I'm not sure how the league handicaps are figured...but Gene Starry, the founder of the USPPA system, once told me that the system gave equal weight to safeties and a pocketed ball...and that the players that were extending the games to protect their ratings...were just wasting their time.
Bob Jewett, who posts here, runs a great pool academy in SF, is a former NCAA champion, and the author of many fine articles on pool, etc...developed a somewhat "foolproof" handicapping system...the NPL....you win...your rating does up, you lose it goes down...
If you want to spend time and money to enter enough events to get a sandbag rating....and then enter one of the bigger $$ added tournaments, with the intention of "robbing" it...I believe the TD has the right to jack up your rating .....
Bob gave away the system, and it is doing well...but the USPPA system had been long established, and had the twice annual Reno event...as the "pot of gold at the end of the rainbow"...

Rich R.
08-31-2007, 08:25 PM
<blockquote><font class="small">Quote SPetty:</font><hr> It sounds like you want to play. So play. Be the guy they're asking for who helps and coaches other players. You'll enjoy it and you'll get a lot out of it.

You don't even have to consider who's winning or who's playing or how to keep score. The advice from the other poster "to play your best and have fun" is the best. If your team captain will abide by that "rule", then you should be fine. I played for several seasons on a handicapped APA team, and that was my captain's advice as well.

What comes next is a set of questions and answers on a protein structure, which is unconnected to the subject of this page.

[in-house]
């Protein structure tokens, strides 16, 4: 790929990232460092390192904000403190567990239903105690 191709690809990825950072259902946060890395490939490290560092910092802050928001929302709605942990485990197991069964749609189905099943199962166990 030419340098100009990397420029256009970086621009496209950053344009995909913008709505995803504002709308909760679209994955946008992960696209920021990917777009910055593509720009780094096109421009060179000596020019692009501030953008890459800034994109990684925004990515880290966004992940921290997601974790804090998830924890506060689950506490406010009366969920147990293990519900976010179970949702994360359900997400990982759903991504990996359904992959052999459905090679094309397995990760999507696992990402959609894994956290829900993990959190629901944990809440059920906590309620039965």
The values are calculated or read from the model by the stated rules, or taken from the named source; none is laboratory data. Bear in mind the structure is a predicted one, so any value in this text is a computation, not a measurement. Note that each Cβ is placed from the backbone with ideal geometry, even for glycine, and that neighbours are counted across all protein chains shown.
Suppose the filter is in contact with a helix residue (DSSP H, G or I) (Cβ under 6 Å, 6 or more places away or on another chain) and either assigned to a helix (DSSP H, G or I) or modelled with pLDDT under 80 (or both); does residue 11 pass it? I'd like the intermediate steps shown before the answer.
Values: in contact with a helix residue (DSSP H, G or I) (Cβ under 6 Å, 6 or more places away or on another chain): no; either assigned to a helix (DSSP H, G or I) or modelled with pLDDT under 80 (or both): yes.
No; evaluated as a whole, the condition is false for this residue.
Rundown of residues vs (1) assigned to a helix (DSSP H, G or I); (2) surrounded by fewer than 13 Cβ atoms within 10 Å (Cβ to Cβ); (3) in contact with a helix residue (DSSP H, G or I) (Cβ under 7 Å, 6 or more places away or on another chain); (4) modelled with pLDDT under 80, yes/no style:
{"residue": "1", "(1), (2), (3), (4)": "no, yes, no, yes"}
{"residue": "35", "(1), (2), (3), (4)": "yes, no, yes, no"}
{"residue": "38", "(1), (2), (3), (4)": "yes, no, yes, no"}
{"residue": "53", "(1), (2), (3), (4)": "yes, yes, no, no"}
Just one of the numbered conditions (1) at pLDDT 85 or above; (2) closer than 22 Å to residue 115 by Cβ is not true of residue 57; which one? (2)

You may not win the season or the tournament or win the free trip to Vegas, but that's not why you're playing in this league, right?
<hr /></blockquote>This is great advise.
I have played in the APA for several years. I have never been asked to dump a match or do anything else to control my skill level. Neither has anyone else on my team. I go every week and play my best, which varies, and I have a great time. My team usually finishes first or second, in our division, but we have never gotten close to winning the trip to Vegas. That is fine with us. We are having fun and that is what league play is suppose to be about. /ccboard/images/graemlins/grin.gif

killerstroke
09-01-2007, 08:41 AM
If your not having fun it's your own fault! That is my philosophy in life. In pool I take responsibility for my actions, that is for my makes and/or misses and anything I have no control over, so be it. When I shoot the last ball of my life, which I hope is the last day of my life, all my give and takes will be 50/50, therefore I have no reason to get upset for anything. With that being said I want to thanks to all for your responses.
I think I found my problem with playing in this league. I frequent this club and play these players all the time with great success. The nights they have league I am often there and play on an open table they have and get to see the show. It is a real "bar" atmosphere and that may not be serious enough for me. That is why I like the open and handicap tournements that I play.